Application Whitelisting

Yet…this isn’t paranoid enough. Threats can still slip through even though we’ve vastly mitigated this possibility. Enter Application Whitelisting. On top of the internal firewalls scanning all traffic for threats, the best firewalls will also do Application Whitelisting so only allowed traffic can pass through the firewalls.

For example, if a network only allows 3 applications to be used on its network, then why allow all other traffic as it could be potentially malicious? It cuts down on network traffic, and those whitelisted applications are still scanned for threats because while they’re allowed through the firewall, it doesn’t necessarily mean they’re clean.

This stance is the best possible method to ensure no threats can go in and out. This would even apply to mobile devices like phones and laptops that should be connected and running their internet traffic through a Zero Trust, Application Whitelisting firewall via a VPN connection 24/7.

Clients with this level of security don’t get infected. They simply don’t. This is like going to the grocery store and before you enter, Security approves your shopping list, follows you around the store checking you constantly so you can’t deviate or try to sneak something into your cart and then walks you to your car after helping you check out. The odds of infection are so incredibly low that we never have to worry about it. Investing in a network that has this level of security is obviously more expensive than simply buying a firewall, but it pays off in the long run since no time will be lost to infection cleaning or lengthy restorations of data.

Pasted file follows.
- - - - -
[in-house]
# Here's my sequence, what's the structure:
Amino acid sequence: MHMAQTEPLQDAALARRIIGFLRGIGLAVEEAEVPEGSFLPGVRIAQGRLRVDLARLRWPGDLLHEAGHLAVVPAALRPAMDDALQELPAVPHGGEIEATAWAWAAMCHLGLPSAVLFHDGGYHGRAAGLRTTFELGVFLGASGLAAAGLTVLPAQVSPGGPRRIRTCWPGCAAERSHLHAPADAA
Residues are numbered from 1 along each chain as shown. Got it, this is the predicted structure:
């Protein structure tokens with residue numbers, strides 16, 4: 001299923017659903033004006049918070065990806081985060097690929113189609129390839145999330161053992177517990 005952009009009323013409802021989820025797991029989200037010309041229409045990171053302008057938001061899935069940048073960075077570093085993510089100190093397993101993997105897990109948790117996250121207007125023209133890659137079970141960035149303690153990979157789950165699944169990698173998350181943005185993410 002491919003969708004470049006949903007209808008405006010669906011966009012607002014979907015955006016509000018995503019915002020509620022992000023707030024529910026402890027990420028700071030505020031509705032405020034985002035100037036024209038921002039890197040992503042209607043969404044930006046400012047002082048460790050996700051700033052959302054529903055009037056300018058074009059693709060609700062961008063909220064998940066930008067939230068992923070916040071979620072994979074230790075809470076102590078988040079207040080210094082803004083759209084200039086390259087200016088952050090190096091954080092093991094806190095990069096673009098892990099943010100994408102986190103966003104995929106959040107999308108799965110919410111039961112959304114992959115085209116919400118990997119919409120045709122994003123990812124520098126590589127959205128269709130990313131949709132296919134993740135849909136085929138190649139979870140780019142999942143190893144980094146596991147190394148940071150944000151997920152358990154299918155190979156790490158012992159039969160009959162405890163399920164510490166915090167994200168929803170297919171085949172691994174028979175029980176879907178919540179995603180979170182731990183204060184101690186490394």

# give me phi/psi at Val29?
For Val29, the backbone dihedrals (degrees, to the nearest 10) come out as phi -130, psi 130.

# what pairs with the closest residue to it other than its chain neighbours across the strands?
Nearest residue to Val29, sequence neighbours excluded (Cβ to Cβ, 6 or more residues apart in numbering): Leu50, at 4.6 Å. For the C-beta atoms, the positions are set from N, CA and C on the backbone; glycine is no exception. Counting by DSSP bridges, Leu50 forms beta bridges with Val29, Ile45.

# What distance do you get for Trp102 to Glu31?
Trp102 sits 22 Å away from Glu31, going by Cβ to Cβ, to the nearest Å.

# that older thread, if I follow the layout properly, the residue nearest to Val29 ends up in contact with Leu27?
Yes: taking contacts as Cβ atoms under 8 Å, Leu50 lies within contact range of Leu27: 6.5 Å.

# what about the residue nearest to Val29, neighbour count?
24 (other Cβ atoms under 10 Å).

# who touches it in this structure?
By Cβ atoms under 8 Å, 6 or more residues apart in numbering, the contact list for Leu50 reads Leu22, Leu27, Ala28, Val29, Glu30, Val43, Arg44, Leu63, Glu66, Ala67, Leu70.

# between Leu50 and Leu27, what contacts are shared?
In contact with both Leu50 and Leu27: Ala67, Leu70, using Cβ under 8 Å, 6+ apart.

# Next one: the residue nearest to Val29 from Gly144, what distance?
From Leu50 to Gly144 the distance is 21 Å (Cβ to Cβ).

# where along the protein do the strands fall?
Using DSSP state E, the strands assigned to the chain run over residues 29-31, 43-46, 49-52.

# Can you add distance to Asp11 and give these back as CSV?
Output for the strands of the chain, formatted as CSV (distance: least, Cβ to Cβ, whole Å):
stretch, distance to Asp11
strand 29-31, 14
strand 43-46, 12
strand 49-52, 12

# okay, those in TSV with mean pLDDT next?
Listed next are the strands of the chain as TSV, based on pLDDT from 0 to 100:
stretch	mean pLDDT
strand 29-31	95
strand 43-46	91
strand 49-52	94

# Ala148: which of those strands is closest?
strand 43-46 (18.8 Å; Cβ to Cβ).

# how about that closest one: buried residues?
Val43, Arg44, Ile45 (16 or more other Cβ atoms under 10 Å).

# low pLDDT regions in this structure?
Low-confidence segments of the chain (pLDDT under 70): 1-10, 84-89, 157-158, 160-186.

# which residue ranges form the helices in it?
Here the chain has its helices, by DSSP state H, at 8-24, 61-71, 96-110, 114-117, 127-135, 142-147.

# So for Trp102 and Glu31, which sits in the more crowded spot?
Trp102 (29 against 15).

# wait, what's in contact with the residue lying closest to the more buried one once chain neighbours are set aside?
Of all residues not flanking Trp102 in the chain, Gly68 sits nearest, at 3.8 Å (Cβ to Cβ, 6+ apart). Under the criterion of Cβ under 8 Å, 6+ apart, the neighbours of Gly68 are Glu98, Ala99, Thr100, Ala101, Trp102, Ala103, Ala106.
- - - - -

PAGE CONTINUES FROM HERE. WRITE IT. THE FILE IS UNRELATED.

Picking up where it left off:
When you’re planning or reviewing your IT security remember that you’re only as strong as your weakest link. Don’t be the supermarket.

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About Nick Espinosa

Nick serves at BSSi2 as the CIO & Chief Security Fanatic and is an expert in security and network infrastructure. Nick has consulted with clients ranging from a few computers to the Fortune 100 level regarding encryption systems, infrastructure and multinational environments. When he isn’t working magic with computers or playing with his daughter, Nick relaxes by playing chess, riding motorcycles and increasing his knowledge of history. You can follow Nick on Twitter at @NickAEsp